We just got back from a two-day seminar at the Zingerman’s Training facility in Ann Arbor,
Michigan. Yep -that Zingerman’s – the folks who send you the wild catalogs every holiday season, and with whose box of bacon and fish sauce and cheese curds and who knows what else, you made your Christmas lunch out of courtesy of Aunt Gertrude.
Turns out, they also do training. Who knew? And not only do they offer training in, they are world-renowned experts at it. They even have a special facility one goes to for the training called @ZingTrain
Everything they do has some form of Zing attached to it. And since they are far and away the biggest deal in Ann Arbor – ok, maybe except for the University of Michigan – you’d be forgiven for calling Ann Arbor Zing Arbor or Ann Zinger or something like that.
Anyway, enough of amusing myself and on to the real reason for writing this post: these people got the goods. They know what they are doing. The seminar we went to was called The Art of Giving Great Customer Service
Now, I’ve been in customer service related fields since just after the last ice age, but everybody needs a refresher now and then. And I will admit, I may have been a bit jaded heading into it. It didn’t take long, however, for me to realize that what Zingerman’s had managed to create a seminar worthy of newbies to the field as well as grizzled veterans like myself.
How? By not so much teaching how to give great customer service – smile, don’t argue with the customer, etc.,– but by showing you why you want to give great customer service.
The obvious answer is because it rolls to the bottom line: If I give you great service you are far more likely to purchase, purchase more, and purchase more often. That’s the ‘why’ we’ve always been told.
And this did figure into it. But that tired old, albeit important, reason, was just the tip of the iceberg. The main point they were trying to get across is that we give great customer service because it just feels good! It just feels good to be nice to people. To treat them as people, not transactions or customer. And the reason we in the customer-service world should (and do) do it is because it’s energizing!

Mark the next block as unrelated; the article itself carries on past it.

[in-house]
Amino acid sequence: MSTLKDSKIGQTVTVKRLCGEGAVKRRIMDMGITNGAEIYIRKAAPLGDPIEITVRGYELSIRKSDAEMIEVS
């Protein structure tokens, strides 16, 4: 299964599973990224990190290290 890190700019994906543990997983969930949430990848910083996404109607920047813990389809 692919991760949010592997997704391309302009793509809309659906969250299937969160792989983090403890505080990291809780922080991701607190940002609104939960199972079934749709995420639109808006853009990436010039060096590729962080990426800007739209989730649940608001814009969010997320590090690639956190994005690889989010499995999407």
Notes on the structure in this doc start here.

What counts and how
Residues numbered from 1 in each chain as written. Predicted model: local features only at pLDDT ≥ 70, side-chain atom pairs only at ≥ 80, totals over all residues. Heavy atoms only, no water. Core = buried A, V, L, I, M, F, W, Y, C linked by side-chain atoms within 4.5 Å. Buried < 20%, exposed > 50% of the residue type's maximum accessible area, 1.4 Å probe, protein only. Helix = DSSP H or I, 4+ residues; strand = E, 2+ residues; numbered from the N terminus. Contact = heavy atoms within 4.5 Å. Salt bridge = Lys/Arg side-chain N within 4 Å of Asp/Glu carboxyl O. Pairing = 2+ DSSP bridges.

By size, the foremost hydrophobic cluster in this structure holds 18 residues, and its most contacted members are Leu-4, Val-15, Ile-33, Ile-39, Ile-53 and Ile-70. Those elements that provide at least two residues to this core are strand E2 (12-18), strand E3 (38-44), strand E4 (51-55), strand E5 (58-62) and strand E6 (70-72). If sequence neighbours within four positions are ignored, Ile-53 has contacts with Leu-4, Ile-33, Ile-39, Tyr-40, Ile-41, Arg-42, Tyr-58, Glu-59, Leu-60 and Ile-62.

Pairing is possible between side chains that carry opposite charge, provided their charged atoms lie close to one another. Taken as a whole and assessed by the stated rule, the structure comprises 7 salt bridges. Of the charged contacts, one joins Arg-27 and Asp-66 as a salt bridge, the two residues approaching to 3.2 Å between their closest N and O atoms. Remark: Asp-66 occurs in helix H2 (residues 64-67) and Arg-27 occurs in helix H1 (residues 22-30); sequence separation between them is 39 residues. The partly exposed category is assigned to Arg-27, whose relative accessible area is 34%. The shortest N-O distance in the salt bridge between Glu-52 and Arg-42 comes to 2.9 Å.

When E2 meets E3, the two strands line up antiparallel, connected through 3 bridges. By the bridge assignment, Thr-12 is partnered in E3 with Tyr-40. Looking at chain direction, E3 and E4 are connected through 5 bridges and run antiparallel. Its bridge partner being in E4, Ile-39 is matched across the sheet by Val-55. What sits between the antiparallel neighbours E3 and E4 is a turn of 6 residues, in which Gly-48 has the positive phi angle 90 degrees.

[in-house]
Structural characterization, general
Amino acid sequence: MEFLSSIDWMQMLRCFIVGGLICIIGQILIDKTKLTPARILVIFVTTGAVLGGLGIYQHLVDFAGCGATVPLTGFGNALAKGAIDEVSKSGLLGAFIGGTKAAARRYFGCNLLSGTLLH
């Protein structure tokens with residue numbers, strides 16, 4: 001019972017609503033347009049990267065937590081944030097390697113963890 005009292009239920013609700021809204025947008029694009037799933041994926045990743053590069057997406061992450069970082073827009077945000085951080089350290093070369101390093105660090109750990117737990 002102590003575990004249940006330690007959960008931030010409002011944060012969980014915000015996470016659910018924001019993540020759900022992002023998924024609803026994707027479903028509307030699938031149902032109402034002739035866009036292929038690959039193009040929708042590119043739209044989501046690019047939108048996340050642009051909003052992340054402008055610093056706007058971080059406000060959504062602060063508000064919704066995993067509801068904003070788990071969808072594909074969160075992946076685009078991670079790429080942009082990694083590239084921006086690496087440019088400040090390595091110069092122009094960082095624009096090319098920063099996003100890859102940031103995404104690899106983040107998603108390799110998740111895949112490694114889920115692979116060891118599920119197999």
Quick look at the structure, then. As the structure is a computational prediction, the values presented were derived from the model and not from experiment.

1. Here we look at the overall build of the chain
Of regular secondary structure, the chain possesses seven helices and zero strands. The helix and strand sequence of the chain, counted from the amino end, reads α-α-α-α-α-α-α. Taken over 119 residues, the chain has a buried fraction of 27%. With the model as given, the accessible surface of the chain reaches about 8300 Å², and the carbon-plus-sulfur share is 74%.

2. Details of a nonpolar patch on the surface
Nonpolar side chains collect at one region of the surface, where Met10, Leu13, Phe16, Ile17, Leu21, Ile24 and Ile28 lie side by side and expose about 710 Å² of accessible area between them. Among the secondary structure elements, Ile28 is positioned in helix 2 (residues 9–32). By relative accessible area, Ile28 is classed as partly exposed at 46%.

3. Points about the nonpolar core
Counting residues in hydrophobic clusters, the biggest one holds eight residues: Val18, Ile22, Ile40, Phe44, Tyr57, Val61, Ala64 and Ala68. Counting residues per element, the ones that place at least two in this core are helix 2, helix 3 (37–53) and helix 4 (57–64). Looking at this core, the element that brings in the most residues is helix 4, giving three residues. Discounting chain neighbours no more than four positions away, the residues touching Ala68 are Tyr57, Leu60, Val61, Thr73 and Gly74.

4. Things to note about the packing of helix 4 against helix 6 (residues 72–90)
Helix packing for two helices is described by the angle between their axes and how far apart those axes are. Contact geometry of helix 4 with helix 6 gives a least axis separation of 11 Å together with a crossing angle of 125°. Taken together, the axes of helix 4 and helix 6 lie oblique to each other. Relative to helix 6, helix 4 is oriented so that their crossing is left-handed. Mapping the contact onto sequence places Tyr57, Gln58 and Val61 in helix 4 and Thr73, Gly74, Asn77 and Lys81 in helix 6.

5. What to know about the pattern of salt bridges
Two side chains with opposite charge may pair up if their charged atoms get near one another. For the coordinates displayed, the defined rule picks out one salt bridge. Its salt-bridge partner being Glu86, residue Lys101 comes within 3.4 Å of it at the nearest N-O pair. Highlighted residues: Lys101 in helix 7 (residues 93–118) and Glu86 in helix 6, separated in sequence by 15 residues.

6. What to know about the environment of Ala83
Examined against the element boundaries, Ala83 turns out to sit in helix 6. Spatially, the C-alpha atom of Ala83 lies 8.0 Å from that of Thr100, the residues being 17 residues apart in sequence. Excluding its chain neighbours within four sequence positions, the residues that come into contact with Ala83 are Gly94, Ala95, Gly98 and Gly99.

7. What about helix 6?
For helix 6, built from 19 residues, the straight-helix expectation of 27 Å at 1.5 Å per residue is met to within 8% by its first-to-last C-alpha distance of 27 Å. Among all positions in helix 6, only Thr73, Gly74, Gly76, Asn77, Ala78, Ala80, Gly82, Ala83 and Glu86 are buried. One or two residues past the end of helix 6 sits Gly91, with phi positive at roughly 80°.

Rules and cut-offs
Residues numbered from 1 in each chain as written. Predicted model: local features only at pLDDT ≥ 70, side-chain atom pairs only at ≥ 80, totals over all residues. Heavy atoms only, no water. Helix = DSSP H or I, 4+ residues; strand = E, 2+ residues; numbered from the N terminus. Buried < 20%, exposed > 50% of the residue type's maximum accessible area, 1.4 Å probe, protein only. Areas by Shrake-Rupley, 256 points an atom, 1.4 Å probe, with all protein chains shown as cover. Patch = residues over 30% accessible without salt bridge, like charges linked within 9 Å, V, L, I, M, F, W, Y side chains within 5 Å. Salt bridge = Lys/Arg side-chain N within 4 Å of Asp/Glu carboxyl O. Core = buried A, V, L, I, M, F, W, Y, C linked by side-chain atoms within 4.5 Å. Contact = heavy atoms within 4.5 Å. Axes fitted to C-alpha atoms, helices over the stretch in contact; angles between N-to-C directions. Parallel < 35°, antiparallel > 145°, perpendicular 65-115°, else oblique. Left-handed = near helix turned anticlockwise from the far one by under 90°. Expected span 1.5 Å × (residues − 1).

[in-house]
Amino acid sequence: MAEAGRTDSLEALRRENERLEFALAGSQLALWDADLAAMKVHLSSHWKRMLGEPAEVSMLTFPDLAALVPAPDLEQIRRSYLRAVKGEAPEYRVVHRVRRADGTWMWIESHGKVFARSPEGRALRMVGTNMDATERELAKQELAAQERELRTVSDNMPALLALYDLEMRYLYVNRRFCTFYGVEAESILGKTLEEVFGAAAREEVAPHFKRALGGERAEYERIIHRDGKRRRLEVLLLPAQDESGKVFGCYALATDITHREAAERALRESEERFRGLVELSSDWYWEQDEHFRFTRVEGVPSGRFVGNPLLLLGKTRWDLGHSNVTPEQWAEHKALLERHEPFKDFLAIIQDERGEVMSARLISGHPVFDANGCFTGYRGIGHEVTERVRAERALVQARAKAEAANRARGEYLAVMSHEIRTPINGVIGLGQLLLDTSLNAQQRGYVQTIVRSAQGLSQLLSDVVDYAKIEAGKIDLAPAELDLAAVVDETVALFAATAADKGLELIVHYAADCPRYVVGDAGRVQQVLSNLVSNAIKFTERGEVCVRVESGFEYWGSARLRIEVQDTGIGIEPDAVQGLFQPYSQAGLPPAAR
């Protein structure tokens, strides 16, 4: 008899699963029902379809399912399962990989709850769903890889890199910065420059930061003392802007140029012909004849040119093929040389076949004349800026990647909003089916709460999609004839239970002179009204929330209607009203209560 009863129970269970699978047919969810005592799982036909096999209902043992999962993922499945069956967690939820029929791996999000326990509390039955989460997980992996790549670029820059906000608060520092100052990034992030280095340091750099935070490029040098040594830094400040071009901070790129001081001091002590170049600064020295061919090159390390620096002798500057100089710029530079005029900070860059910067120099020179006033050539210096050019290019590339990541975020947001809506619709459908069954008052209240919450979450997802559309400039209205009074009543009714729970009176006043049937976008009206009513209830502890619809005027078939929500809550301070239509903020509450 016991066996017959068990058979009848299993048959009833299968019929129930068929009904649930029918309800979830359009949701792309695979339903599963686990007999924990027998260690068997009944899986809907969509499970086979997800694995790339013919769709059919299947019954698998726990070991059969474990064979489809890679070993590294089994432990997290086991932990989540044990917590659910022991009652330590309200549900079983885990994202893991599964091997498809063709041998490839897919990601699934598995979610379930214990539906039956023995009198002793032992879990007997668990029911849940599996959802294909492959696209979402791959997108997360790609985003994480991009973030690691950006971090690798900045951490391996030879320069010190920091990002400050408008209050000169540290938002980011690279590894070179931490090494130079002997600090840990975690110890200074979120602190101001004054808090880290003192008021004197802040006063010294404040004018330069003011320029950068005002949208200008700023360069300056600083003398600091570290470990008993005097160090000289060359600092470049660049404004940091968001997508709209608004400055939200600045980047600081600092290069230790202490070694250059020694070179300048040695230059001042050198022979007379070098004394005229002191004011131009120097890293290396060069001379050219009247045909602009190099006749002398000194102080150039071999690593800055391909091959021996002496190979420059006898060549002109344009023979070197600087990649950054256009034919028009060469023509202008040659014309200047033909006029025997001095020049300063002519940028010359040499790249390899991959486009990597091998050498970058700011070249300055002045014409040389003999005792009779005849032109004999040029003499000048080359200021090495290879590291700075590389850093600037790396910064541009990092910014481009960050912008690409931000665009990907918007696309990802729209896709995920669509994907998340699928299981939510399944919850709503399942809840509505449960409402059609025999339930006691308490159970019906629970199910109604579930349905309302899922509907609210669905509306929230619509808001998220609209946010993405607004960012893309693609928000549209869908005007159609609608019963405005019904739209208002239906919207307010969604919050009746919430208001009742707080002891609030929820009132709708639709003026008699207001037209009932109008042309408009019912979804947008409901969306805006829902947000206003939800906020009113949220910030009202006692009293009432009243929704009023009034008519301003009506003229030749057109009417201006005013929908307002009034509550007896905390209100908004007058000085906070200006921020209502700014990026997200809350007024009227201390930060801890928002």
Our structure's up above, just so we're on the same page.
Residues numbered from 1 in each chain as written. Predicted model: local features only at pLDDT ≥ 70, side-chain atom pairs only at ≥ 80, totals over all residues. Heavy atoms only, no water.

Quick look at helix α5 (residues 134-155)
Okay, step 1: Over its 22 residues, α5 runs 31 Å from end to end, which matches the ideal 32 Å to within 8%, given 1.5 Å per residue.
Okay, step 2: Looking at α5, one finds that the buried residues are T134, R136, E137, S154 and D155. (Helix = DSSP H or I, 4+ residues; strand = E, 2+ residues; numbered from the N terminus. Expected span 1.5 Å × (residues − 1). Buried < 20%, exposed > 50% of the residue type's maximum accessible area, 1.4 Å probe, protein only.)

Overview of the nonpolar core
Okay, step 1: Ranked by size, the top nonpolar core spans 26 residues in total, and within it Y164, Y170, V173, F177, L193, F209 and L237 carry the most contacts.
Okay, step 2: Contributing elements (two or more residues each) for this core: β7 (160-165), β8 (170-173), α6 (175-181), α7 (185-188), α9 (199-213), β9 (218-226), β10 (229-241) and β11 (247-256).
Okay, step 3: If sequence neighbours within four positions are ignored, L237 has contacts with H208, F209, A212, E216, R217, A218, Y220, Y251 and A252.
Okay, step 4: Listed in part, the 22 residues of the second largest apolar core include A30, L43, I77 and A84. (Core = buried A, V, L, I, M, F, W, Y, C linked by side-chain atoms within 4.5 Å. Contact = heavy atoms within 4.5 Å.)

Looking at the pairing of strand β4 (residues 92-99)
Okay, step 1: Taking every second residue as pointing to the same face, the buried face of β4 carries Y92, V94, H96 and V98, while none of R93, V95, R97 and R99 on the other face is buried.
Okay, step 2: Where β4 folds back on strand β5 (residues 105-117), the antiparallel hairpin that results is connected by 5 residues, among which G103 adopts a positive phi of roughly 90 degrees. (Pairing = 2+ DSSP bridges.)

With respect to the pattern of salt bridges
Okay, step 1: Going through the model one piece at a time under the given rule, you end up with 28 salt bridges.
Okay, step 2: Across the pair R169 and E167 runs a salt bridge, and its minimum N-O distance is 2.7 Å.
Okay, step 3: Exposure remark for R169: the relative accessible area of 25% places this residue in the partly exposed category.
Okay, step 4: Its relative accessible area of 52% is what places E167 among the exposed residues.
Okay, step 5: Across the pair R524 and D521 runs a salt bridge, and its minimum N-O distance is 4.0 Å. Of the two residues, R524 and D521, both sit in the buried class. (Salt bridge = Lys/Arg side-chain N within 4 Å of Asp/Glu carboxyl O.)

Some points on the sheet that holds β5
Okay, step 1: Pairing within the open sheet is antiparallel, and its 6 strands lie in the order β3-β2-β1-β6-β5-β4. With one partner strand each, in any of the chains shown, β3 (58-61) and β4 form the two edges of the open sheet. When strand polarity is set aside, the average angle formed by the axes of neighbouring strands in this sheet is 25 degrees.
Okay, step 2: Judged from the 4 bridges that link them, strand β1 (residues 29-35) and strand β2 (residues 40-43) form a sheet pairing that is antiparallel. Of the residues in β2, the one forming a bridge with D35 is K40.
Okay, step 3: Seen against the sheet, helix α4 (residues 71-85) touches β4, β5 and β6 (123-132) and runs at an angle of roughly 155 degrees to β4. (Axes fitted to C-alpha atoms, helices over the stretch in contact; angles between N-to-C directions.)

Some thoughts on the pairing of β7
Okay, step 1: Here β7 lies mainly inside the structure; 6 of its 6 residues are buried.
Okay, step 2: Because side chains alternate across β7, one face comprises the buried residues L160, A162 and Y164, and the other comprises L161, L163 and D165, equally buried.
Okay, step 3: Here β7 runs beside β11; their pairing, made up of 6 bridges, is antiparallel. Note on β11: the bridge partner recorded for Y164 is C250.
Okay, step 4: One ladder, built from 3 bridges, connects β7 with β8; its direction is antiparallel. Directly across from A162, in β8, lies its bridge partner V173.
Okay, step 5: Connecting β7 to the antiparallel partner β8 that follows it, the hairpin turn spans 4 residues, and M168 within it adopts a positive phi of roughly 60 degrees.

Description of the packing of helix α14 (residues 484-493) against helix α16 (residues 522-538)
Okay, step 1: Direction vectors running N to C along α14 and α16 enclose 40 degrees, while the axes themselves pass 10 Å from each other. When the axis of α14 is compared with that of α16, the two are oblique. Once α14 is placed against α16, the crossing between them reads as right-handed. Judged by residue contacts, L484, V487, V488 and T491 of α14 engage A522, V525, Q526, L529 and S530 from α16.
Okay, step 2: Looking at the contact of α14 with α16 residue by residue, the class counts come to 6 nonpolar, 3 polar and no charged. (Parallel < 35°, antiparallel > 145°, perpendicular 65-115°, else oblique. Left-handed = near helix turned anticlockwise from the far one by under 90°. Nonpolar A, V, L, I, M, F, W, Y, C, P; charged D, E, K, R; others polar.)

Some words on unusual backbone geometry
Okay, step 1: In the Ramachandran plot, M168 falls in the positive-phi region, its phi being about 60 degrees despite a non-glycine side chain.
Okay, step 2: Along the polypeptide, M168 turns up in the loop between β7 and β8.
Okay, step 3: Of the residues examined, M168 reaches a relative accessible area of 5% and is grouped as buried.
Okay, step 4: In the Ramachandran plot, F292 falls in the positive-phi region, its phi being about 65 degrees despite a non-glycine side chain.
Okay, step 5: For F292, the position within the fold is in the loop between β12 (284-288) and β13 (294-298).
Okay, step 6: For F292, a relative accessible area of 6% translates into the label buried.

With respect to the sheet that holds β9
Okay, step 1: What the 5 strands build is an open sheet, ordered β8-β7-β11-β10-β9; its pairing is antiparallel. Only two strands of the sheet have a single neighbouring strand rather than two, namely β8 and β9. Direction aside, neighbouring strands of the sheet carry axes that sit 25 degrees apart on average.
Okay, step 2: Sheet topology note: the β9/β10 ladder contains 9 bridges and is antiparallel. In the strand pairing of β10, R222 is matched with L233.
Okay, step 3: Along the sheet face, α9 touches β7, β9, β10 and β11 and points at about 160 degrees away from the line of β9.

Doing nice things for people, like offering them a sample of something, or slipping a little something into their bag, or opening the door for the mom with the stroller, makes them happy, which makes you happy. It’s its own reward. And the greatest thing is that it’s a double whammy – you get to feel good, and you get better sales.
Maybe it’s even a triple whammy, because, since great customer service is so rare, they are far more likely to tell others about their experience, which – well, you get the idea – it all cascades downhill into our karmic pocketbooks.
So, while Ann Arbor wasn’t necessarily on my short list of places to visit given my limited time and travel budget, and while sitting through 18 hours of learning “The Zingerman’s Way” was taxing to my back, I owe the good folks at Zingerman’s a huge debt of gratitude.
Since I will occupy a space in the customer service market niche for the rest of my working life, it was invaluable to get that shot in the arm to remind me why we do it. We do it because service to others is an honorable profession. It’s a profession that helps make the world a better place for all of us to live in. It’s both humbling and rewarding at the same time.
And since my space within that customer service sphere is cheesemongering in Denver, which is, at its heart, another variation on the customer service theme, it was wonderful to be reminded that I can provide you, my guests, with so much more than just cheese.
I can provide you with a smile, and hopefully a spring in your step as you leave my shop with the latest and greatest morsel of cheese tucked in your bag. And we can both look forward to the time we meet again.
Thank you for that, Zingermans.